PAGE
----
Objective: To determine the efficacy of 3 types of polymer-based saliva substitutes in reducing oral dryness in patients with Sjögren's syndrome (SS).
Methods: Subjective efficacy of 3 different saliva substitutes (determined by self-administered questionnaire) was evaluated in a double-blind, placebo-controlled trial in 43 patients with primary and secondary SS. High-viscosity versus low-viscosity xanthan gum-based saliva substitutes were also compared in 33 SS patients. Salivary flow rates (SFR) were determined to examine correlations between the SFR and the subjective efficacy of the saliva substitute.
Results: Neither the saliva substitutes nor the placebo was truly effective. Preference for a particular saliva substitute over placebo was equally distributed among the 3 types of substitutes. The SFR of patients who preferred polyacrylic acid-based saliva substitutes was lower than that in patients who preferred the porcine mucin-based substitute (P < 0.05). Patients whose oral dryness was reduced by low-viscoelastic substitutes had a low stimulated SFR ( < 0.20 ml/minute; P < 0.05).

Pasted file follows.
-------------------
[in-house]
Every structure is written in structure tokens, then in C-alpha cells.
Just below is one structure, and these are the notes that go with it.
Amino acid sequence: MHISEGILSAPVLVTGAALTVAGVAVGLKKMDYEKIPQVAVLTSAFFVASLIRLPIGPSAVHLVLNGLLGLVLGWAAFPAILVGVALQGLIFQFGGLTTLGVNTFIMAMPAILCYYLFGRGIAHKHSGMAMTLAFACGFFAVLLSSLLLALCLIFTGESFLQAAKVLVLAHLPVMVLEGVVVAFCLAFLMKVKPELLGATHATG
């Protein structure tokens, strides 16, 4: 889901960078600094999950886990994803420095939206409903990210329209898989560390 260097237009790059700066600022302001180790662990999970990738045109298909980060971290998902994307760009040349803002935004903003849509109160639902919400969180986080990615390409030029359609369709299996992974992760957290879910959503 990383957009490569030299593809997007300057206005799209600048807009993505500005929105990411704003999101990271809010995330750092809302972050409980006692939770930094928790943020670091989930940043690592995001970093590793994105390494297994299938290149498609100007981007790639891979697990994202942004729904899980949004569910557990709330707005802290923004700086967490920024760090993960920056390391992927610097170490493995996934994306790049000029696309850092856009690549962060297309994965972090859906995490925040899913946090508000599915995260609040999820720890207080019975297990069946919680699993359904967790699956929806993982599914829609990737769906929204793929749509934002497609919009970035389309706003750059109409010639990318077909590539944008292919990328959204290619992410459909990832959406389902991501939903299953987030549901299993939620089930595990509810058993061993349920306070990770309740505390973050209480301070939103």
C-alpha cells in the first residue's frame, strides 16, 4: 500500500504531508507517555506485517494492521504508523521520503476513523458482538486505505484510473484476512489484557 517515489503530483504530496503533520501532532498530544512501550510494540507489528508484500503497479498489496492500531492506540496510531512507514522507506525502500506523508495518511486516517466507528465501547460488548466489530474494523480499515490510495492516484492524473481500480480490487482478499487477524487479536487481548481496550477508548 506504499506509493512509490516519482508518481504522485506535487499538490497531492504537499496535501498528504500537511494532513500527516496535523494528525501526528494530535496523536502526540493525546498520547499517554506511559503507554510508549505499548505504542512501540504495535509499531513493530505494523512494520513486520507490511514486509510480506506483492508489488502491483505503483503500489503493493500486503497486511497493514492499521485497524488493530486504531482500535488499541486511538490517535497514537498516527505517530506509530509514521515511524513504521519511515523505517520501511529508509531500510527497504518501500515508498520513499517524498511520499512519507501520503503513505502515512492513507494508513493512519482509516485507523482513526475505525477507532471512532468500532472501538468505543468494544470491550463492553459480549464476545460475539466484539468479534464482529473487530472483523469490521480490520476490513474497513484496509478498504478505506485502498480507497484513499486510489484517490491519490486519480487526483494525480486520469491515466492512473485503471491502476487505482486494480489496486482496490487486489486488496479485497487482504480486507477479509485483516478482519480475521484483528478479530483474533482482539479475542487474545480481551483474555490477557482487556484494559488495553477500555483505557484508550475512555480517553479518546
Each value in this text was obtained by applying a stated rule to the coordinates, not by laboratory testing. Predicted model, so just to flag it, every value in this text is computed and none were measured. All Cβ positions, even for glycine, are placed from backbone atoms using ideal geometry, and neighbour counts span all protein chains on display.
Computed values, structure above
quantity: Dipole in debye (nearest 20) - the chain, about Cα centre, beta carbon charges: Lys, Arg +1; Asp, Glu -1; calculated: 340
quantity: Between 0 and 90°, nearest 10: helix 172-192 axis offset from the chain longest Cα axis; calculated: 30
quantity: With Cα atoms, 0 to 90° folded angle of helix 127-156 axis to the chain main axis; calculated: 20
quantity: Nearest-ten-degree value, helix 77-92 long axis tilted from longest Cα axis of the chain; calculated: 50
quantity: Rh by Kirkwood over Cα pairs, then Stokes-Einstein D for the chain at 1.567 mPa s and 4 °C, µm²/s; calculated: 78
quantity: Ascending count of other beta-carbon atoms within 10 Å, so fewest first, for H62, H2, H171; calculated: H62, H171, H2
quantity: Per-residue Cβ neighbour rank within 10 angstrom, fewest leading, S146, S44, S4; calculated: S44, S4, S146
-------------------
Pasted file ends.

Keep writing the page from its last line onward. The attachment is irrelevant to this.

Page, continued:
Conclusion: The optimal properties of a saliva substitute are not the same for all patients with SS, but are dependent on such parameters as the individual SFR. Thus, to determine the best saliva substitute for a particular patient, it is necessary to have the patient try a number of substitutes of different viscoelastic properties.